Time seems to freeze as fans and players alike wait for the referee to point to the spot but Nicola Rizzoli eventually raises his hand. Penalty to Borussia Dortmund.

It was the 10th time in 2012/13 that the Black and Yellows had been given a spot-kick. 

Blaszczykowski had taken four and scored three. Lewandowski also missed one of his three penalties, while Mats Hummels missed his only one against Ajax - Götze had a 100% record that season, but was missing for the final.

İlkay Gündoğan had experience with spot-kicks at youth level with his former side VfL Bochum, but he'd never taken one in senior football. Even so, he stepped up in front of the Borussia Dortmund fans, on the biggest stage in world football, and sent Neuer the wrong way from 12 yards.

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It was game on at Wembley. But no sooner as Borussia Dortmund were back, Klopp's side almost threw away their foothold in the match.


Thomas Müller found himself staring at an open goal from an acute angle, with Robben in acres of space on the other side of the penalty area. But Bayern Munich's Raumdeuter was indecisive, seeing his cross-cum-shot cleared off the line by Neven Subotić.


Some fans thought Borussia Dortmund had grabbed an incredible winner when a 35-yard shot flew over Neuer's head and into the back of the net moments later, but referee Rizzoli had already blown his whistle for a clear handball.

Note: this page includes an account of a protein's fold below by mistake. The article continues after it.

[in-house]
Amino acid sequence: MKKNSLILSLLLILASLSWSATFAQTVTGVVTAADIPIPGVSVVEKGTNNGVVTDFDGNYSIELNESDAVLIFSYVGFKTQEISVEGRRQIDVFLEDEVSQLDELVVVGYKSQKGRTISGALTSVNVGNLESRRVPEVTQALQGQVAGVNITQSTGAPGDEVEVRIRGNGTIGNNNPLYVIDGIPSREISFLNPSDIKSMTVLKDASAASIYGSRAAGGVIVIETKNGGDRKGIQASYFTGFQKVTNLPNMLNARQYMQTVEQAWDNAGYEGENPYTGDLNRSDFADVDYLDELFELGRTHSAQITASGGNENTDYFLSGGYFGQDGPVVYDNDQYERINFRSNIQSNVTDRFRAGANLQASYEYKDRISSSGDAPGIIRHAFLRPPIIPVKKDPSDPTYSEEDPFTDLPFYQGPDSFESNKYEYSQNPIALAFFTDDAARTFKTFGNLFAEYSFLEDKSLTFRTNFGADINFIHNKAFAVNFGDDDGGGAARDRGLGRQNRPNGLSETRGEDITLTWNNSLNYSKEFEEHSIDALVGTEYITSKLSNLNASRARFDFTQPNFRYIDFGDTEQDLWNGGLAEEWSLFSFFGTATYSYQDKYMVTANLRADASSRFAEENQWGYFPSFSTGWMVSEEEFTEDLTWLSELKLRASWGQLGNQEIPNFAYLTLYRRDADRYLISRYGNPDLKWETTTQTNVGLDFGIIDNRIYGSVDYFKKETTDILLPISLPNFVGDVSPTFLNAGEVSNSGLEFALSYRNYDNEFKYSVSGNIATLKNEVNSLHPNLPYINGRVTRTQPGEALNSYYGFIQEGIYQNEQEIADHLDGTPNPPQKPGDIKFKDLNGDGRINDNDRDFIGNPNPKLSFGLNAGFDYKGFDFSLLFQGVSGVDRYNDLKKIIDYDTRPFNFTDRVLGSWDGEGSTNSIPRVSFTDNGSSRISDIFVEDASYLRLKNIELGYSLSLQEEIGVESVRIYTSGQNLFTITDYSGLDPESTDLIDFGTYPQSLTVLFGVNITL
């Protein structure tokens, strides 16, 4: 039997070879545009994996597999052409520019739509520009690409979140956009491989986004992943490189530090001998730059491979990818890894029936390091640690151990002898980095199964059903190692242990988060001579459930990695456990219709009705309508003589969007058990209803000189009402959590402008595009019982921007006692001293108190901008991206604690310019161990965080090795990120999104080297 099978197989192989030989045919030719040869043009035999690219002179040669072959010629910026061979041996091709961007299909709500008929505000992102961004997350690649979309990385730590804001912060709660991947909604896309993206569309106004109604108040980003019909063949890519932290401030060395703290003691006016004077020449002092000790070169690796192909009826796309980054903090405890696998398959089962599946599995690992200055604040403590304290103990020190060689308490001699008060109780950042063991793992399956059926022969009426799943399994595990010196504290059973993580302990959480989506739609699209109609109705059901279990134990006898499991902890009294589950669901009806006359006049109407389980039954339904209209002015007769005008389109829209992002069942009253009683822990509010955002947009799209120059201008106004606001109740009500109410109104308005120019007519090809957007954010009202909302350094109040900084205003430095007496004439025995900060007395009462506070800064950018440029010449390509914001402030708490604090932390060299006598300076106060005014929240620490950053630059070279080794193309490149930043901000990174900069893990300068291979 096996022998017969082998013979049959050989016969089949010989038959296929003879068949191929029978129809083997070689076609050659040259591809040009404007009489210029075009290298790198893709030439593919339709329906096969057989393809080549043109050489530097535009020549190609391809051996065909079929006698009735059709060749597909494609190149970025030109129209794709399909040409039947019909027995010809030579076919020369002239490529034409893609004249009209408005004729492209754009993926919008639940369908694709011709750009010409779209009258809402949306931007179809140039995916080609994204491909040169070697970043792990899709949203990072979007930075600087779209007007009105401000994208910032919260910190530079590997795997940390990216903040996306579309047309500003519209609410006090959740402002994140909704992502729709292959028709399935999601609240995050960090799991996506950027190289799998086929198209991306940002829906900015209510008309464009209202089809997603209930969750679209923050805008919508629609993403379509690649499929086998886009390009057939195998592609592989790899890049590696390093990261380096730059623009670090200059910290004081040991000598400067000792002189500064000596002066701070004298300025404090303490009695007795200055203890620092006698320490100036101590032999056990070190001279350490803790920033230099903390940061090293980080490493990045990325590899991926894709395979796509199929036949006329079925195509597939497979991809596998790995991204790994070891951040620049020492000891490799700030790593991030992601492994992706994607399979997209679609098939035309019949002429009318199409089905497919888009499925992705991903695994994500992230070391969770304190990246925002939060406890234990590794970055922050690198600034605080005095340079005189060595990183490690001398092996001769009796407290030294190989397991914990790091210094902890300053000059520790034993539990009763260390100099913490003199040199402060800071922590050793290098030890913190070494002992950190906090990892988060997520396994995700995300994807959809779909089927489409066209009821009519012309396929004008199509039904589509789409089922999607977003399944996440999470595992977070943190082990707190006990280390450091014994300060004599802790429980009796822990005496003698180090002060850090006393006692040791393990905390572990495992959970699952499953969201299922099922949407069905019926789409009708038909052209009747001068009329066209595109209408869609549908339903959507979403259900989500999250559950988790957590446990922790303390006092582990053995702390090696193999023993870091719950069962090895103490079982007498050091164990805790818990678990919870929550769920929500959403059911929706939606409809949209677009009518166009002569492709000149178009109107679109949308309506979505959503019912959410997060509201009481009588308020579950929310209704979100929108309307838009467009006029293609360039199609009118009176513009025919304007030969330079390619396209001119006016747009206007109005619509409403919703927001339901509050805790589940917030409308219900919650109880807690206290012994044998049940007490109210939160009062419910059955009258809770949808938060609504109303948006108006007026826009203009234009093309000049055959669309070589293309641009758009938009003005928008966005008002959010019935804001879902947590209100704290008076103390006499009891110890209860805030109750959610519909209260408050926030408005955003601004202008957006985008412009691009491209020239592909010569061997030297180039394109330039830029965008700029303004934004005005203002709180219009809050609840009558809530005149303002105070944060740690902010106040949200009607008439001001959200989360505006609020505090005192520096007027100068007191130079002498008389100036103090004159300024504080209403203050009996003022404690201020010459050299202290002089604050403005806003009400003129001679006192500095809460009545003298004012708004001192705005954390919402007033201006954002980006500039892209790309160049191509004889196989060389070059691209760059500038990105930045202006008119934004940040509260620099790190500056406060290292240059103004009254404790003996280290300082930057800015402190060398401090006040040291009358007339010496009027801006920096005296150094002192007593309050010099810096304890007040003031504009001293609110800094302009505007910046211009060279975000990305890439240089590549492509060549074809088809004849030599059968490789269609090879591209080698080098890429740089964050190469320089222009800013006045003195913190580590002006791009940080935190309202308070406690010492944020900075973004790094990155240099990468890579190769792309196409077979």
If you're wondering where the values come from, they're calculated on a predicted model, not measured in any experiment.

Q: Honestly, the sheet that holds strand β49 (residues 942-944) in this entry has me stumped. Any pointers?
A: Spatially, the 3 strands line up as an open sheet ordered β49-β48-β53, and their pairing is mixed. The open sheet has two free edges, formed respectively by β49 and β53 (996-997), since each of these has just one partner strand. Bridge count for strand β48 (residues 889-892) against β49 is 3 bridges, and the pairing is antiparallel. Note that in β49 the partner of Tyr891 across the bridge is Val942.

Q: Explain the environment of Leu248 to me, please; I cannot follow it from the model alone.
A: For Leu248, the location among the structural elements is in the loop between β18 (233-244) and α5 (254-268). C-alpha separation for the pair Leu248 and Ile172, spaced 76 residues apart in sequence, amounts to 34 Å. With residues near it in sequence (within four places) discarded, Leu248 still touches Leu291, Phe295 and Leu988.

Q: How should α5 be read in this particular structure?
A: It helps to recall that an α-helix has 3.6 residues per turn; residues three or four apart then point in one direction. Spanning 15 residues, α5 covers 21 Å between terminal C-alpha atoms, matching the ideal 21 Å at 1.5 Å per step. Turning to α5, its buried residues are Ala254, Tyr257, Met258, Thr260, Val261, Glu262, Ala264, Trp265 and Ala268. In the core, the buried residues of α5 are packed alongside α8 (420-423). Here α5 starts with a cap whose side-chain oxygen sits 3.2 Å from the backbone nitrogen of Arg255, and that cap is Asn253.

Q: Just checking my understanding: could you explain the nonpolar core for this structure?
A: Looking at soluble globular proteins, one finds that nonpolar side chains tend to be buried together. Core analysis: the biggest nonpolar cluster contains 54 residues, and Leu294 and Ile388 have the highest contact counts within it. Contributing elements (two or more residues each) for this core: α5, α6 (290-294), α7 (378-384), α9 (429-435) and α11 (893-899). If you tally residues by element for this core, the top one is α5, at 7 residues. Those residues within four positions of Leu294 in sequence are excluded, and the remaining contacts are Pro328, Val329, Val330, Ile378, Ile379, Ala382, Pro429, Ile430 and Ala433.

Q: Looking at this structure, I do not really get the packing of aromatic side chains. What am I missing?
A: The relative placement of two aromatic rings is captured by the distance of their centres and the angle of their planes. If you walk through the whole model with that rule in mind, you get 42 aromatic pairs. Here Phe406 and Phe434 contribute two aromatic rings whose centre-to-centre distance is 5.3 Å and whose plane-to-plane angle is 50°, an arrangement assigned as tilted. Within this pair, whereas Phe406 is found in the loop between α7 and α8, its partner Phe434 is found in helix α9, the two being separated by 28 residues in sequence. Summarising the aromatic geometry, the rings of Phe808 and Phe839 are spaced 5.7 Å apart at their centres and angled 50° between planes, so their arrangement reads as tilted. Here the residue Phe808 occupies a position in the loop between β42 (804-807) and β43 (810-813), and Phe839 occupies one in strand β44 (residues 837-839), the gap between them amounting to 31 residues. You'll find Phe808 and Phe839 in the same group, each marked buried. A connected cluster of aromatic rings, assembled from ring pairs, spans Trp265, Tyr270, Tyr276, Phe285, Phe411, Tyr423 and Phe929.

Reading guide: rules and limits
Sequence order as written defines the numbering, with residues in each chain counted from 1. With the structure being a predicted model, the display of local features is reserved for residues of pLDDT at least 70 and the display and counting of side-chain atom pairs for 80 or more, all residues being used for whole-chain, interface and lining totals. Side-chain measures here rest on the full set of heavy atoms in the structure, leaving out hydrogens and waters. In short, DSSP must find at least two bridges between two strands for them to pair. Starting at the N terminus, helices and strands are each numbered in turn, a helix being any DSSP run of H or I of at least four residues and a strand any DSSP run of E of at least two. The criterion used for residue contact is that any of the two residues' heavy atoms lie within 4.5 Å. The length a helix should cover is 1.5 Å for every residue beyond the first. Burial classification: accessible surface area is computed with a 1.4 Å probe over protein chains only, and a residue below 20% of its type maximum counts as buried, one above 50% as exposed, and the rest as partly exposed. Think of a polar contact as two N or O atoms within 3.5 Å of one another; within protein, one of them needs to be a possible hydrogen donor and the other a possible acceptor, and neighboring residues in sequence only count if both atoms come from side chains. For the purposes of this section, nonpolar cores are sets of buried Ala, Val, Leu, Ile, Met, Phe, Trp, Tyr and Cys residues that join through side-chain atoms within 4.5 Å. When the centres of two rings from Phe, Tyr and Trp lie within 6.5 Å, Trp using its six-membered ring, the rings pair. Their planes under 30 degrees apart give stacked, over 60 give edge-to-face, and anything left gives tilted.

Chances continued to come for both sides but neither could find that elusive winner, with David Alaba and Bastian Schweinsteiger seeing efforts parried away by Weidenfeller.


But with 90 seconds left of normal time, Jérôme Boateng sent a hopeful long pass into the path of Ribéry, who whilst holding off pressure from Łukasz Piszczek on the edge of the penalty area was able to bring the ball under control.


The Frenchman flicked the ball behind him, somehow telepathically knowing that Robben had made a darting run from deep to meet the loose pass, weaving his way in between Borussia Dortmund's defenders to be presented with a one on one with Weidenfeller.

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Robben was in touching distance with Borussia Dortmund's goalkeeper when he finally took a shot, so a trademark left-footed shot to Weidenfeller's right side would have been all but impossible to produce.


Instead, the Dutch forward almost ran beyond the ball, using the inside of his boot to roll the ball past Weidenfeller where, just like with Dortmund's penalty shout earlier, time stood still as everyone watched the ball trickle towards the goal.


There was just enough pace on the shot to guarantee no one could get back to clear the ball in time, but it was tame enough for Borussia Dortmund players to fall to their knees before the ball had even crossed the line, knowing their Champions League dream was over.

It took one full second for the ball to eventually cross the line. But it felt like a lifetime for both sets of fans.


One second where the hopes and dreams for Bayern Munich to win the Champions League, making amends for their defeat in the final a year earlier, went from fantasy to reality. 


The crowning jewel in a perfect, treble-winning season for Jupp Heynckes.


The ultimate winning goal.


For more from Ben Carter, follow him on Twitter!